Newly confirmed Deputy Attorney General Rod Rosenstein may serve as a check on Attorney General Jeff Sessions and as a force for independence from the White House, posits Leon Neyfakh (Slate).

  • Marjorie Cohn examines Attorney General Sessions’s “draconian agenda on voting rights, immigration, crime, policing, the drug war, federal sentencing and the privatization of prisons” (TruthOut).

The Office of the Director of National Intelligence released the statistical transparency report on the use of national security authorities in 2016, summarized at Lawfare.

  • The report’s statistics on FISA business records authority may not be all that shocking when you examine the numbers more closely, argues Bobby Chesney (Lawfare).

The prevalence of leaks has led to new thinking around government secrecy, writes Jack Detsch (CS Monitor).

The United States risks complicity in war crimes in Yemen by continuing to sell arms to Saudi Arabia, argues Kristine Beckerle (Just Security).

Congress should not add “successor organizations” to an authorization for the use of military force against ISIS because such a provision may give the Trump Administration and future administrations an open-ended license, argues Ryan Goodman (Just Security).

  • Just Security likewise highlights comments by Charlie Savage about the surveillance implications of a broad AUMF against ISIS.

The recently approved 2017 federal budget maintains a provision preventing federal funds to be used to intervene with state medical marijuana programs (NORML).

  • At Ars Technica, Beth Mole likewise examines the provision.


And that's our update today!  Thanks for reading.  We cover a lot of ground, so our updates are inevitably a partial selection of relevant legal commentary.  

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Daily Update | December 23, 2019

12/23/19  //  Daily Update

Speaker of the House Nancy Pelosi and Senate Majority Leader Mitch McConnell seek to leverage uncertainties in the rules for impeachment to their advantage. White House officials indicated that President Trump threatened to veto a recent spending bill if it included language requiring release of military aid to Ukraine early next year. The DHS OIG said that it found “no misconduct” by department officials in the deaths of two migrant children who died in Border Patrol custody last year. And the FISA court ordered the Justice Department to review all cases that former FBI official Kevin Clinesmith worked on.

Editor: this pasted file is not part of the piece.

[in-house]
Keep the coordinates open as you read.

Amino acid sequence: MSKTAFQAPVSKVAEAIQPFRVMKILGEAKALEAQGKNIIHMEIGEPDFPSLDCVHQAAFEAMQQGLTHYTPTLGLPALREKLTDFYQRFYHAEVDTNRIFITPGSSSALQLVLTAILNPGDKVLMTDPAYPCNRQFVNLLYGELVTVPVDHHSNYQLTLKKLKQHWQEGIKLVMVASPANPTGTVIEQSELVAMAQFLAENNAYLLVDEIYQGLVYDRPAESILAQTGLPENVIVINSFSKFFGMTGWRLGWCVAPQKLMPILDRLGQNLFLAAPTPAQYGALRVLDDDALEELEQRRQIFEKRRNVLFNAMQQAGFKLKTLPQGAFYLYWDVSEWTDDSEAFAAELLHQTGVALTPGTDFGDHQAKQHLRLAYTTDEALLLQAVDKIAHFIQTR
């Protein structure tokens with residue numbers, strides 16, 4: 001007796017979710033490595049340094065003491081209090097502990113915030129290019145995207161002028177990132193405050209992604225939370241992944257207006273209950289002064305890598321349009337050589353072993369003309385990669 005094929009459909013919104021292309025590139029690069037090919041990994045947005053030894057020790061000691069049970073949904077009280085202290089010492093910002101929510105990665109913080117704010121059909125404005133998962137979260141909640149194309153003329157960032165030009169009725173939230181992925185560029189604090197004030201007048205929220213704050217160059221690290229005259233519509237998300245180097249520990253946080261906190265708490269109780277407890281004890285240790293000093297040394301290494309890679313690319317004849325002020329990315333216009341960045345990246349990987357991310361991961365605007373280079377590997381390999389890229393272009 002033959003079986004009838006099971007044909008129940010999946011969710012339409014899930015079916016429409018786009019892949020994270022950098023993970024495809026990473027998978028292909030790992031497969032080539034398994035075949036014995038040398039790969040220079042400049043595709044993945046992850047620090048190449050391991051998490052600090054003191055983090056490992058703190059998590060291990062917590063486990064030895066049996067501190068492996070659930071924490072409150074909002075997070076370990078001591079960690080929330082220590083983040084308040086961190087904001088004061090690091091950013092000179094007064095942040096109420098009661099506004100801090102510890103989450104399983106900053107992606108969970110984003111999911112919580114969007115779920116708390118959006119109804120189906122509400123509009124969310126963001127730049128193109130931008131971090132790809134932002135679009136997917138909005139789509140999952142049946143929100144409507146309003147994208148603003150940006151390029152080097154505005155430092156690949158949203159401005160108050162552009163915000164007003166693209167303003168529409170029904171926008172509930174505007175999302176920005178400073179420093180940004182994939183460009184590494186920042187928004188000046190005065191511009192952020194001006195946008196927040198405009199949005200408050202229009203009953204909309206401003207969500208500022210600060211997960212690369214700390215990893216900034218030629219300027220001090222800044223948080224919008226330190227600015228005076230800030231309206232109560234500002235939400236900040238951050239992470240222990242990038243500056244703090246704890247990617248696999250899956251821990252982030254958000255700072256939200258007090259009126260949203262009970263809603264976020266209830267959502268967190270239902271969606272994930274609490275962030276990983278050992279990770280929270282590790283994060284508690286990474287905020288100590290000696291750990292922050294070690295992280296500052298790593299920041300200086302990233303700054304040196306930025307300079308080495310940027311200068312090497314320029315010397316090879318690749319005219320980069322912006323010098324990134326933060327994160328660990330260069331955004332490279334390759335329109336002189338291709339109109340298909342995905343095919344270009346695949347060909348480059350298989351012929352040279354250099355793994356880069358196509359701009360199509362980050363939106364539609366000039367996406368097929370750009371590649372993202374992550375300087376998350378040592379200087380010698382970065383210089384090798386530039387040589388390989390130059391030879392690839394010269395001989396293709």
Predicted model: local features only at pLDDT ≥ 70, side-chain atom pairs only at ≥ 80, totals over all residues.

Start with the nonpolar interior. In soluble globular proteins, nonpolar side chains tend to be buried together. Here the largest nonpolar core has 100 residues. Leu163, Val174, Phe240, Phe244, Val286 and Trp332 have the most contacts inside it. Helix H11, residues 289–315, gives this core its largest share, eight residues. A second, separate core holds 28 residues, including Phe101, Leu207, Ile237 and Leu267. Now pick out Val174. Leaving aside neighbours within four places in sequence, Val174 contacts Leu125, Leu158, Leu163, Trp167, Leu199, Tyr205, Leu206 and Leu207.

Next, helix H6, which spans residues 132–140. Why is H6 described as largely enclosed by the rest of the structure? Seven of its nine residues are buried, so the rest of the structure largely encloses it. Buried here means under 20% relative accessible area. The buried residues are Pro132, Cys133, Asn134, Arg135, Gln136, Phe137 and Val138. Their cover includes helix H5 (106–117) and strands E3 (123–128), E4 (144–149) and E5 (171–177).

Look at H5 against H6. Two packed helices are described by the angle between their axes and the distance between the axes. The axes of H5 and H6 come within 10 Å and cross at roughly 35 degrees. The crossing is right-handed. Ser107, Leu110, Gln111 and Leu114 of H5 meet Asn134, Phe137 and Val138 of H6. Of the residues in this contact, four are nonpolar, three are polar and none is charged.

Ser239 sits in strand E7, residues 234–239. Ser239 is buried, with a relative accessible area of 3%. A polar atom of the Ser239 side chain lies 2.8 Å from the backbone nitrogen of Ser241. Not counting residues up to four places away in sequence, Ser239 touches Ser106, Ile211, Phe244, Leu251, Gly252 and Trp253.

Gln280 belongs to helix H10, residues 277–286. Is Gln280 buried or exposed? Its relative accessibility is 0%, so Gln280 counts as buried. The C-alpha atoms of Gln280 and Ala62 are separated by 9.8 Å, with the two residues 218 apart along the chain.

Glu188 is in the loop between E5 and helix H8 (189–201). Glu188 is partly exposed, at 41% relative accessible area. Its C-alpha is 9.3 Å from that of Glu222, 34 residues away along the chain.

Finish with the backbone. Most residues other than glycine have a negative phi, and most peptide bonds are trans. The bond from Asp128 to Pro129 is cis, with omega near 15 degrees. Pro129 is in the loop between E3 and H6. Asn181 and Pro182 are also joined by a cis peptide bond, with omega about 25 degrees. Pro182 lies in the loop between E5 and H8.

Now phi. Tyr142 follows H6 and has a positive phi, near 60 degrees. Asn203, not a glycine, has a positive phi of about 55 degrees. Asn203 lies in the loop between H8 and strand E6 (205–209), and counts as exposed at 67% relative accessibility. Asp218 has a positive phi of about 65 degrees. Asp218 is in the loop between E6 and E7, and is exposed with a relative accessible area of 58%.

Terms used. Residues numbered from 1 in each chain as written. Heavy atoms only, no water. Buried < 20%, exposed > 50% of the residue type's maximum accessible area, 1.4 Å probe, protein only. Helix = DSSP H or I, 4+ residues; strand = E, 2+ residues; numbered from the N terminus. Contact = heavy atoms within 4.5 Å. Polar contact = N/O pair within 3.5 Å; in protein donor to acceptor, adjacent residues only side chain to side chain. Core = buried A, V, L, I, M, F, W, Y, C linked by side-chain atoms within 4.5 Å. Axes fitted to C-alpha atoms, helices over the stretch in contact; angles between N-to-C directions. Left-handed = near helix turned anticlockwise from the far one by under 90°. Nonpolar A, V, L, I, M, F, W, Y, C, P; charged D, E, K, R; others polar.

Emily Morrow

Harvard Law School

Daily Update | December 20, 2019

12/20/19  //  Daily Update

Speaker Nancy Pelosi indicated the House will be “ready” to move forward with the next steps once the Senate has agreed on ground rules, but the House may withhold from sending the articles to the Senate until after the new year. Commentary continues about the Fifth Circuit's mixed decision on the status of the ACA.

Emily Morrow

Harvard Law School

Daily Update | December 19, 2019

12/19/19  //  Daily Update

The House of Representatives voted to impeach President Trump. Some Democrats urge House leaders to withhold the articles to delay a trial in the Senate. Meanwhile, the Fifth Circuit issues an inconclusive decision about the future of the ACA, and DHS and DOJ proposed a new rulemaking to amend the list of crimes that bar relief for asylum seekers.

Emily Morrow

Harvard Law School